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8 Unique Green Alternatives to Cut Flowers

This is a reprint of a blog from Treehuggers on alternatives to cut flowers by Melissa Breyer.

Say I love you with these lovely living gifts that go easy on the planet.

Oh how we love to give flowers to our beloved on holidays. It’s estimated that sending 100 million roses – the number of roses American will give their Valentines alone each year – produces around 9,000 metric tons of carbon dioxide emissions between field and florist. (The average American household has a carbon footprint of 48 metric tons a year, notes The Washington Post in an article on the topic.)

That hefty footprint comes courtesy of the fact that 80 percent of the flowers are imported, most grown in energy-guzzling greenhouses and drenched with toxic chemicals – and once cut, require a long journey under refrigeration to arrive at your local florist. And for what? To land on your sweetheart’s table for a week before heading to the landfill where they will face a long slow decline, emitting methane all the way. See? I’m totally a romantic!

Anyway. If you want to not participate in all of that, you can get sustainably sourced flowers – which is great (see more here: Show your love with earth-friendly flowers). But you can also jump off of the cliche wagon and do something a little different too. Which is where this list comes into play.

1. A Bouquet of Herbs

Image: janthonymartinez / Getty Images

Beautiful and unexpected, less costly than roses – and won’t be tossed in a week. Fresh lavender and rosemary (and whatever else your heart desires) can all be dried and doled out throughout the year for cooking or using around the house.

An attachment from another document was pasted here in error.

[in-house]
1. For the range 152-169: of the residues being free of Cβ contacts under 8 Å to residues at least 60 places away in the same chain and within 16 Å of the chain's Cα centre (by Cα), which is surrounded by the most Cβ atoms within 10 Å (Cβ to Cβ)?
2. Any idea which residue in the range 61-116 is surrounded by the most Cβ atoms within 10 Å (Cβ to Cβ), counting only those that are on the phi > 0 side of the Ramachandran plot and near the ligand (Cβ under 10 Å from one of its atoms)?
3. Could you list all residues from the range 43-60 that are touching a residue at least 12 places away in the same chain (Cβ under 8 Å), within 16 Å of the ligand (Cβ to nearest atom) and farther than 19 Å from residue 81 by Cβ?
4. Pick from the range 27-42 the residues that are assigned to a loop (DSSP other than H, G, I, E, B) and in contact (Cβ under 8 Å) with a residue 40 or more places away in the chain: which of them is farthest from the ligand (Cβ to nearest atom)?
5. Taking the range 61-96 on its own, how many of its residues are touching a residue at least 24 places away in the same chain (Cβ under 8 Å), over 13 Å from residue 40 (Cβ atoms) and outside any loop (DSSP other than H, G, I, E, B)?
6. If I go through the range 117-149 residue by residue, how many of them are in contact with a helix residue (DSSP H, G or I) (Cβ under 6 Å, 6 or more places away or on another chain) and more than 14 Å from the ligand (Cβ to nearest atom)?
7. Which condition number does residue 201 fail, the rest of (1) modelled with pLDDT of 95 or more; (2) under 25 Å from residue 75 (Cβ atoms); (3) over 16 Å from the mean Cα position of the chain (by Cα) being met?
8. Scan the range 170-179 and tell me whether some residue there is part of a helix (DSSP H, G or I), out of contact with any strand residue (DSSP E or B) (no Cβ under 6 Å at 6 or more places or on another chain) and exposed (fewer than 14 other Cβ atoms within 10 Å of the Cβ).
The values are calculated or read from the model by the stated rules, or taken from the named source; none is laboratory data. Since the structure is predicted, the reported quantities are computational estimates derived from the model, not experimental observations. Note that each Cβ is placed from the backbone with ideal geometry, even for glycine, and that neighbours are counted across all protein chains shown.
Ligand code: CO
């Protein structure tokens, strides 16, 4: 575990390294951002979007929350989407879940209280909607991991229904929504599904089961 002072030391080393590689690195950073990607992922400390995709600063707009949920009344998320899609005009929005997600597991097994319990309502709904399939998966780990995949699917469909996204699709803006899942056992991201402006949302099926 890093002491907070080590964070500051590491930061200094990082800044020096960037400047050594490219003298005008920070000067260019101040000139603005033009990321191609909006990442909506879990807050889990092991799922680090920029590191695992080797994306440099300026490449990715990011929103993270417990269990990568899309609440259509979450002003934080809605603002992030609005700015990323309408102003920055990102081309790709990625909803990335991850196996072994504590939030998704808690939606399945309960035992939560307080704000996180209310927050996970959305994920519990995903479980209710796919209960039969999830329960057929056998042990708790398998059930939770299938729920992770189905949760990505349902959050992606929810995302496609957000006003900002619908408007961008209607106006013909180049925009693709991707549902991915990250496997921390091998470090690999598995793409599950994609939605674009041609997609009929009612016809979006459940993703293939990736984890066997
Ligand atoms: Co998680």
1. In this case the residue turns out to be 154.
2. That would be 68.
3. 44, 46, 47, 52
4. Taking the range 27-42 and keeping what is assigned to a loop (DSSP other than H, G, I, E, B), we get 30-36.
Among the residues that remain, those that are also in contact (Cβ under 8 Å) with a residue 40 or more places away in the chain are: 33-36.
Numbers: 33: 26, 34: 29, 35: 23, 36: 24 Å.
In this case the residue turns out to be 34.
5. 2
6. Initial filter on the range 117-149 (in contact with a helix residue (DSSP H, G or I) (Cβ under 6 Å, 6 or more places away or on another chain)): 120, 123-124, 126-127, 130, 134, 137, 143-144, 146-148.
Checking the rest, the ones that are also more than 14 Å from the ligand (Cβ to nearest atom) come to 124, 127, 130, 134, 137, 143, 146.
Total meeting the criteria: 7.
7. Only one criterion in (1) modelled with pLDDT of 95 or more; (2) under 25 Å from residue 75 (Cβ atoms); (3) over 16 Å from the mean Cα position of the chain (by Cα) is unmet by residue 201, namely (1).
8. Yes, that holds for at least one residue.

2. Cocktail Grow Kit

Image: Uncommon Goods

Kick off cocktail hour with seed packets for thyme, lavender, Thai basil, mint, lemon balm, and blue borage — this gift comes in a recycled egg carton, giving it an extra eco-twist. (Cocktail Grow Kit, $12)

3. Edible Flowers Kit

Image: Grove Collaborative

Who doesn’t love edible flowers? They are delightful. And, they add color, flavor and whimsy; they make you feel a little magical. Who wouldn’t prefer a little edible flower garden over a bunch of going-to-die-soon flowers that you can’t even eat? This kit comes with non-plastic tubes containing USDA organic, non-GMO seed types (borage, dill, nasturtium, sunflower and Thai basil), soil discs, peat pots, and custom wood-burned plant markers. You could also put together your own little kit, see 42 flowers you can eat for more ideas. (Edible Flower Seed Kit, $30)

4. Succulents from Lula’s Garden

Image: Lula’s Garden

Someone give this to me, please. They are succulents in a box … and the gift box itself serves as a planter. Open, enjoy; no fuss, all love. This one is the XOXO Garden, but there are a bunch of other cute love-themed options as well. (XOXO Garden, $35)

5. An Herb Garden

Image: Amazon

Another herbs-for-flowers swap, because having a wee garden of herbs on the kitchen windowsill is such a gift. Little flourishes of flavor are always on hand and waste is reduced when you can snip a few leaves rather than buying a whole bunch. Any cute pot will do – this Scandinavian mod number from Sagaform is nice for starters. (Sagaform Herb Pot, $52)

6. Forced Bulbs

Image: VALENTIN BUTARU / Getty Images

I have an amaryllis bulb purchased in early November that bloomed twice and then shot up a quartet of green stalks that are a statement bouquet all on their own. Almost three months of flowers/greenery for one bulb! Bulbs are wonderful – they start as a sprout and grow into an incredible bloom (or several, apparently), lasting much longer than a bunch of stems. And when all is said and done, some bulbs can be planted in the garden or forced again; the others are a small addition to the compost bin.

7. Flowering Bonsai

Image: Eastern Leaf

A little tree. A little tree that flowers. For the giftee looking for a new hobby, these beautiful flowering trees can be ordered with the complete kit to get started in the art of bonsai as alternatives to cut flowers.

(Satsuki Azalea Apple Blossom Bonsai, $45 / Bougainvillea Bonsai, $49)

8. Terrarium necklace

Image: Marcelo Costa Barros / Getty Images

This may be stretch if your intended is expecting flowers, but there’s something wonderful about combining some greenery with a piece of jewelry – and these terrarium-filled necklaces feel like they hold special secrets. (Terrarium necklaces on Etsy / prices vary.)

I hope you enjoyed these alternatives to cut flowers. Oh by the way, I’m never too busy for any of your referrals! If you are looking to buy or sell your home, contact Gigi today. 

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